Rwanda’s bid to transition into a green economy has gathered momentum with the introduction of the cactus green park in the Kinyinya area of Kigali’s Gasabo District.
This medium-term development blueprint seeks to promote sustainable development, which encourages resource conservation as well as environmental protection.
Speaking at a workshop to disseminate findings from a study on the construction of environmental friendly green homes in the country – a joint initiative between Horizon Group and the National Fund for Climate Change and Environment (Fonerwa) in Kigali, Wednesday -Rose Mukankomeje, the director-general of Rwanda Environment Management Authority (REMA), yesterday, said this new way of real estate development will help better manage the country’s natural resources.
“I welcome the initiative and commend Horizion and Fonerwa for what, I must say, is an unprecedented move to revolutionalise the real estate industry in Rwanda,” she said.
“Reconciling our desired economic growth with the limits of nature is a real opportunity to rethink our economic model and change path, from one inevitable destruction to one of sustainable long-term and societal wellbeing.”
The project, on a 13.7-hectare piece of land, will have a total of 349 dwelling units in 137 buildings, said Eugene Haguma, the Horizon Group chief executive officer.
A large central part of the plot will be open space, with trees and shrubs. Multiple green pockets, which exude a potent freshness, will be created to promote intimate house clusters, and to reduce car movements, and rainwater flowing down at high velocity across the site.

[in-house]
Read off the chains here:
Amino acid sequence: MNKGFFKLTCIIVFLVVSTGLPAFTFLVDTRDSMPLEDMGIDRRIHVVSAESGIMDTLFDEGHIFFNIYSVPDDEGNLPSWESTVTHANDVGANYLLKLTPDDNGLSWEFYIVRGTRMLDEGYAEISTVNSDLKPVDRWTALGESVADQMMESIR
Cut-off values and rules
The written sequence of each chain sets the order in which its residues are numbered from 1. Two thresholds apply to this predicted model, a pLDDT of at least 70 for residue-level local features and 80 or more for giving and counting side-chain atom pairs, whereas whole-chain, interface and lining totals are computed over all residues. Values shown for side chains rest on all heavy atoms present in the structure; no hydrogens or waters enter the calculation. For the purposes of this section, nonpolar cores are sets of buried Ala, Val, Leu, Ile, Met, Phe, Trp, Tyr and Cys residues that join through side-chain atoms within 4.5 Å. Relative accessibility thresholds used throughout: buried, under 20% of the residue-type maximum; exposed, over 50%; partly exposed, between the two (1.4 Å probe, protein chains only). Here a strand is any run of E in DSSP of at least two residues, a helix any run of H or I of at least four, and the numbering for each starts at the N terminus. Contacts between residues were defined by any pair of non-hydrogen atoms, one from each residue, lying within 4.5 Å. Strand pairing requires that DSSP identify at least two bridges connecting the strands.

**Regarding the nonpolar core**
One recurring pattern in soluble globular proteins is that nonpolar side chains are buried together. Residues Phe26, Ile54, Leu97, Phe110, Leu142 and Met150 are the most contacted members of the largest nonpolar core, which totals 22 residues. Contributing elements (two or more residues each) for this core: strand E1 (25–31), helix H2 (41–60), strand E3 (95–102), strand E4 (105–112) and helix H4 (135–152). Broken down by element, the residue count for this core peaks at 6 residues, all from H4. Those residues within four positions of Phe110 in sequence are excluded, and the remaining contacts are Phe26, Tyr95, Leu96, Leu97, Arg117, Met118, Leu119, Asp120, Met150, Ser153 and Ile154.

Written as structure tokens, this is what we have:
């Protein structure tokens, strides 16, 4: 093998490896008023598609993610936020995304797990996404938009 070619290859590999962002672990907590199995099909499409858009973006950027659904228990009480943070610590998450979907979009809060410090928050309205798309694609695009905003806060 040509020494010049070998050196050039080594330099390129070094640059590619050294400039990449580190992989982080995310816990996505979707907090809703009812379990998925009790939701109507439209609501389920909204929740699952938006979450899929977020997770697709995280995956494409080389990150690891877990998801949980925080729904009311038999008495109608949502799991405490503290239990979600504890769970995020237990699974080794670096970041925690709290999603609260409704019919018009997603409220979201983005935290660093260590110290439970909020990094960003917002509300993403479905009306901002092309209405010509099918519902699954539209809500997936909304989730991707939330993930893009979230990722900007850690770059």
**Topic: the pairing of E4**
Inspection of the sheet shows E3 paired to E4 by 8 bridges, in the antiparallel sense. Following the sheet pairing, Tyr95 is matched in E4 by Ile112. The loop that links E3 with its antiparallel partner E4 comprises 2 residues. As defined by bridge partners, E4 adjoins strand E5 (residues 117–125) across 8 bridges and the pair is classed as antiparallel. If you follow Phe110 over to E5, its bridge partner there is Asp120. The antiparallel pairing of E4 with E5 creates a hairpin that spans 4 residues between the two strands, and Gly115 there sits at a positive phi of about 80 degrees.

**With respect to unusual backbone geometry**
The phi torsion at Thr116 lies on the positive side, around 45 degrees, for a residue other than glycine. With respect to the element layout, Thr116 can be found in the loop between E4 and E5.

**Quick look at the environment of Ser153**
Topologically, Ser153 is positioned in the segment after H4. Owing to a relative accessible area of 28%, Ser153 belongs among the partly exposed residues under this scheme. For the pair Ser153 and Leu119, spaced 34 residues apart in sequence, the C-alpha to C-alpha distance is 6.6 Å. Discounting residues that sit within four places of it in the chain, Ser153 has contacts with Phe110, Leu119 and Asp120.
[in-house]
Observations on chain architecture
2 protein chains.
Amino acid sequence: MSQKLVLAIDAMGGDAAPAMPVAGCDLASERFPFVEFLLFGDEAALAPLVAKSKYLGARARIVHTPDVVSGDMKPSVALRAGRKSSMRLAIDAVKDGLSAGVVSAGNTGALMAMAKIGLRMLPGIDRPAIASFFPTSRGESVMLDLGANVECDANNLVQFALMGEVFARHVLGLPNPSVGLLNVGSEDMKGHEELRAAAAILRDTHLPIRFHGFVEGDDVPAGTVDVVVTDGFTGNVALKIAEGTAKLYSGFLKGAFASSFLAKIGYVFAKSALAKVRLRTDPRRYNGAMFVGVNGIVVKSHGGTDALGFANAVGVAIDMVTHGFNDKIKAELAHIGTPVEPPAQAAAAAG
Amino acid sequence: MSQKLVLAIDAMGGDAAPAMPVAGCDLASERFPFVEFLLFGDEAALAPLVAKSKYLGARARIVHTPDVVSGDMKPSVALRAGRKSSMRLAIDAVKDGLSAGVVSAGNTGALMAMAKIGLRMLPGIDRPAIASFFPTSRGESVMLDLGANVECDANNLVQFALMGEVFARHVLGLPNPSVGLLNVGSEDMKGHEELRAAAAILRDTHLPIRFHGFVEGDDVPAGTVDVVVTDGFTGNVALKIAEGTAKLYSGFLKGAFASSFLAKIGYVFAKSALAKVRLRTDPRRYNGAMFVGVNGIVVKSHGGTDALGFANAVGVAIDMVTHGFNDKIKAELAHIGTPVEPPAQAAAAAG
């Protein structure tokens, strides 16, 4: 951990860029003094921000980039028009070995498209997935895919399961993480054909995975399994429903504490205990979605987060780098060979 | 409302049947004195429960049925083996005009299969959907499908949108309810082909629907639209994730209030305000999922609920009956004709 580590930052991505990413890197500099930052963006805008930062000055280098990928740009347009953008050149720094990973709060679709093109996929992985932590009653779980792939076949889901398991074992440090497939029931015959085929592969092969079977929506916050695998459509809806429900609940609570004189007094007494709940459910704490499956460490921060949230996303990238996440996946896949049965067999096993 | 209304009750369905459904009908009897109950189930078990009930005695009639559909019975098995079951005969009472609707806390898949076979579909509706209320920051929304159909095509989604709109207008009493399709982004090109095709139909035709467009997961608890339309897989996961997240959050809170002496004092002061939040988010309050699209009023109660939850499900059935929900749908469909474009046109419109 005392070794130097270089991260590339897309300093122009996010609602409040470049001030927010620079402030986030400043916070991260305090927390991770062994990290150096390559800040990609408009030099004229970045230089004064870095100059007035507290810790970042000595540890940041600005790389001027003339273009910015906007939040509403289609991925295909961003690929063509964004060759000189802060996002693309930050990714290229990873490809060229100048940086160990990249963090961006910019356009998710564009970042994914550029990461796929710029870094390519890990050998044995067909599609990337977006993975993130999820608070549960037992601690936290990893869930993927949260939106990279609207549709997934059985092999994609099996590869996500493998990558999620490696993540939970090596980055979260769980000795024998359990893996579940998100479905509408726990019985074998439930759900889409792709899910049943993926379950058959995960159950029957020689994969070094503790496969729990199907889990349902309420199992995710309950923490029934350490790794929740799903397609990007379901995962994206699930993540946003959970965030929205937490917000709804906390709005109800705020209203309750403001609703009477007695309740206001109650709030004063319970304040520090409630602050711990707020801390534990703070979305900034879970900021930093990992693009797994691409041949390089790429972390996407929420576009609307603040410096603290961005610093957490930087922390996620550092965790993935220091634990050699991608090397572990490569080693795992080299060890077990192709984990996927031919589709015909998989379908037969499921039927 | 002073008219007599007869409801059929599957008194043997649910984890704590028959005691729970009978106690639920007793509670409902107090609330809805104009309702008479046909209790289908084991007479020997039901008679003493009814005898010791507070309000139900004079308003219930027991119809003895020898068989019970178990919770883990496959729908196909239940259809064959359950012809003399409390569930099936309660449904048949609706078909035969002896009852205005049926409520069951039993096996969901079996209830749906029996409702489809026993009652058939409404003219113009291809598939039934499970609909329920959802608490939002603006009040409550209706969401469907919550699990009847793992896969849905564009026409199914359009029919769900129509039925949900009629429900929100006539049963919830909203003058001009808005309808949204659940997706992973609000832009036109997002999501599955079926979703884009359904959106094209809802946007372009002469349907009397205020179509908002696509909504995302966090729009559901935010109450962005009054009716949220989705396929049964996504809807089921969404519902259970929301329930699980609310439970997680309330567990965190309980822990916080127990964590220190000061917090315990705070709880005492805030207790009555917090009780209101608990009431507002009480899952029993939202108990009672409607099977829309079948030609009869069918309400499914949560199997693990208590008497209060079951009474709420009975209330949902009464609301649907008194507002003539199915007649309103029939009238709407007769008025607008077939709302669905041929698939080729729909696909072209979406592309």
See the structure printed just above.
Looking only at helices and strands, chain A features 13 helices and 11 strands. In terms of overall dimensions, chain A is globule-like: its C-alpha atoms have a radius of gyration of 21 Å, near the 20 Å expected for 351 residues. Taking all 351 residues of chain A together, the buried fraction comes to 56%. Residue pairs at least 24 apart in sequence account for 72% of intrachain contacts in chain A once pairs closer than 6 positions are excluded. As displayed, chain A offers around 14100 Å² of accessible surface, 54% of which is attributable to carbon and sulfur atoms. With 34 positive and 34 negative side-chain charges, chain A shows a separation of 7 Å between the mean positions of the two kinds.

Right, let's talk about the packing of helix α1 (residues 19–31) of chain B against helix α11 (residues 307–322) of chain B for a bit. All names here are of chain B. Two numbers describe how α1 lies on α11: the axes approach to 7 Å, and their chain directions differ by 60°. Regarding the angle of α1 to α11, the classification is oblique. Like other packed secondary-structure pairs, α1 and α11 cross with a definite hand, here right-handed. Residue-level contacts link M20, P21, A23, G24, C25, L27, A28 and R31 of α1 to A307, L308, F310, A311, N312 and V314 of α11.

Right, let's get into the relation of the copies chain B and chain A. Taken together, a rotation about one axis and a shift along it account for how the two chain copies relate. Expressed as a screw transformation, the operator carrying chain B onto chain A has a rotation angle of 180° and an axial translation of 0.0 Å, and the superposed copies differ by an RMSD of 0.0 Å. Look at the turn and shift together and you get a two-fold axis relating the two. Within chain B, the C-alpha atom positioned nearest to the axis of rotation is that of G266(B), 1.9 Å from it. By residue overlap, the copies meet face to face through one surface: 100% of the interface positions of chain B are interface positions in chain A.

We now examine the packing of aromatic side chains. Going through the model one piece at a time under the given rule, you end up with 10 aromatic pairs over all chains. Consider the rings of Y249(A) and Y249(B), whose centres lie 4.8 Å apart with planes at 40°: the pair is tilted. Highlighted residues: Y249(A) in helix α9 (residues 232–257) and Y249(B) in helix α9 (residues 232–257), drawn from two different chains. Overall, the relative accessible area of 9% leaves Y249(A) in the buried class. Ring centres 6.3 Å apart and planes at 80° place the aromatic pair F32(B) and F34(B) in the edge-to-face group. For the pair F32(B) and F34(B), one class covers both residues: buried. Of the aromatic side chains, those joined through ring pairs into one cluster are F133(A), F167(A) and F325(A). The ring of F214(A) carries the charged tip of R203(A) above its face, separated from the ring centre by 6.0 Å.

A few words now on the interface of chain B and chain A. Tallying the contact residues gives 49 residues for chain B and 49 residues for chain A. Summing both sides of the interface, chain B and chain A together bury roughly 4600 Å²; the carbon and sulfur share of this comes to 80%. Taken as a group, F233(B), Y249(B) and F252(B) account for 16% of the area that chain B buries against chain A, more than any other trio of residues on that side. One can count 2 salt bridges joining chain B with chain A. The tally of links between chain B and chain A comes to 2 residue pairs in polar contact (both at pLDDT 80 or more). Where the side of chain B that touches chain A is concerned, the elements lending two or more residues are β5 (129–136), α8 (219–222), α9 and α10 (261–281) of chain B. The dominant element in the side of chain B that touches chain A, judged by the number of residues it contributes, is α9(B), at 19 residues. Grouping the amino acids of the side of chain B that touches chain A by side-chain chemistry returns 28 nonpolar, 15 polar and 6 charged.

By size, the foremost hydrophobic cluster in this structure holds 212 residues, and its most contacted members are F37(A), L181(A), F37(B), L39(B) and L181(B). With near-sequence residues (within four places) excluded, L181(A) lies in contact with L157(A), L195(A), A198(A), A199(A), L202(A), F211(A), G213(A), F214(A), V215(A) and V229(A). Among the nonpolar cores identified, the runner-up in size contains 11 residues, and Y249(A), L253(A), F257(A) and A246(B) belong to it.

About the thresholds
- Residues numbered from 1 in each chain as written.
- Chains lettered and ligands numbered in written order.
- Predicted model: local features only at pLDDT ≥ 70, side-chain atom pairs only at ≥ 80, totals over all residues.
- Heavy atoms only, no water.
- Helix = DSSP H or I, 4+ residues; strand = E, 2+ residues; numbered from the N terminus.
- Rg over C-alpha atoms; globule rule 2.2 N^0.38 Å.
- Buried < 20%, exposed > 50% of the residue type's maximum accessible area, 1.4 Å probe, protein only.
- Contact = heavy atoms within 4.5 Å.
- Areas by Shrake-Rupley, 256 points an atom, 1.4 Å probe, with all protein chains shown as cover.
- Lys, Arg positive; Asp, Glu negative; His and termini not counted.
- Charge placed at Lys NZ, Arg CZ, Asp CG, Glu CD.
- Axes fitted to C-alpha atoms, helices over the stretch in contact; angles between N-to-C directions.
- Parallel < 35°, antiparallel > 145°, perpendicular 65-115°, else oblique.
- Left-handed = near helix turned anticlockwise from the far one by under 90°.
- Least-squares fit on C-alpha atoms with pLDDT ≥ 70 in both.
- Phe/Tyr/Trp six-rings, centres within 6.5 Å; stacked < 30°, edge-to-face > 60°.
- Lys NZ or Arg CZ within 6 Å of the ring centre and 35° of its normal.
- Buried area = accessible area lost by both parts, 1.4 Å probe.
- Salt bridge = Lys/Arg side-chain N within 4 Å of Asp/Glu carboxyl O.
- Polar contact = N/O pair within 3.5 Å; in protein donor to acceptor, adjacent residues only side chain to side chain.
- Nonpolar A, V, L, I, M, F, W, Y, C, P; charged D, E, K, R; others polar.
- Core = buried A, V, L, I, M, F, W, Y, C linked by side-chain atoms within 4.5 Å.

Haguma said the project was inspired by Rwanda’s pursuit of a green economy under a medium-term development framework, the Economic Development and Poverty Reduction Strategy (EDPRSII).
“Our team, together with Light Earth Designs and Fonerwa, worked tirelessly to come up with what is much more than a series of technical studies. It is a design and vision for an entire green neighbourhood – a proposal that combines multiple green innovations and a single cohesive and integrated pace, a pilot of green urban development that is replicable across Rwanda,” he said. “We hope that construction works will start mid 2016 and last for 18 months.”
The project will include facilities such as a neighbourhood centre, a school, communal green space for sports, and a waste water treatment plant. It will also have ‘green’ architecture with emphasis on low carbon, locally-made materials and low-built areas. Only 59 percent of the plot area will be built on, while the rest will be open green space, and plants and water bodies.
The ‘green’ economy approach under the EDPRS II agenda is geared at accelerating economic transformation, development of sustainable cities and villages, and key innovations. It includes piloting a green city, piloting a model mine, and attracting investors in green construction with the focus on green urbanisation and promoting green innovation in industry and the private sector.
Alex Mulisa, the fund management co-ordinator at Fonerwa, observed that the cactus homes are a testimony to Rwanda’s effort in promoting green growth.
“We are putting the citizens at the centre of all this,” he said.
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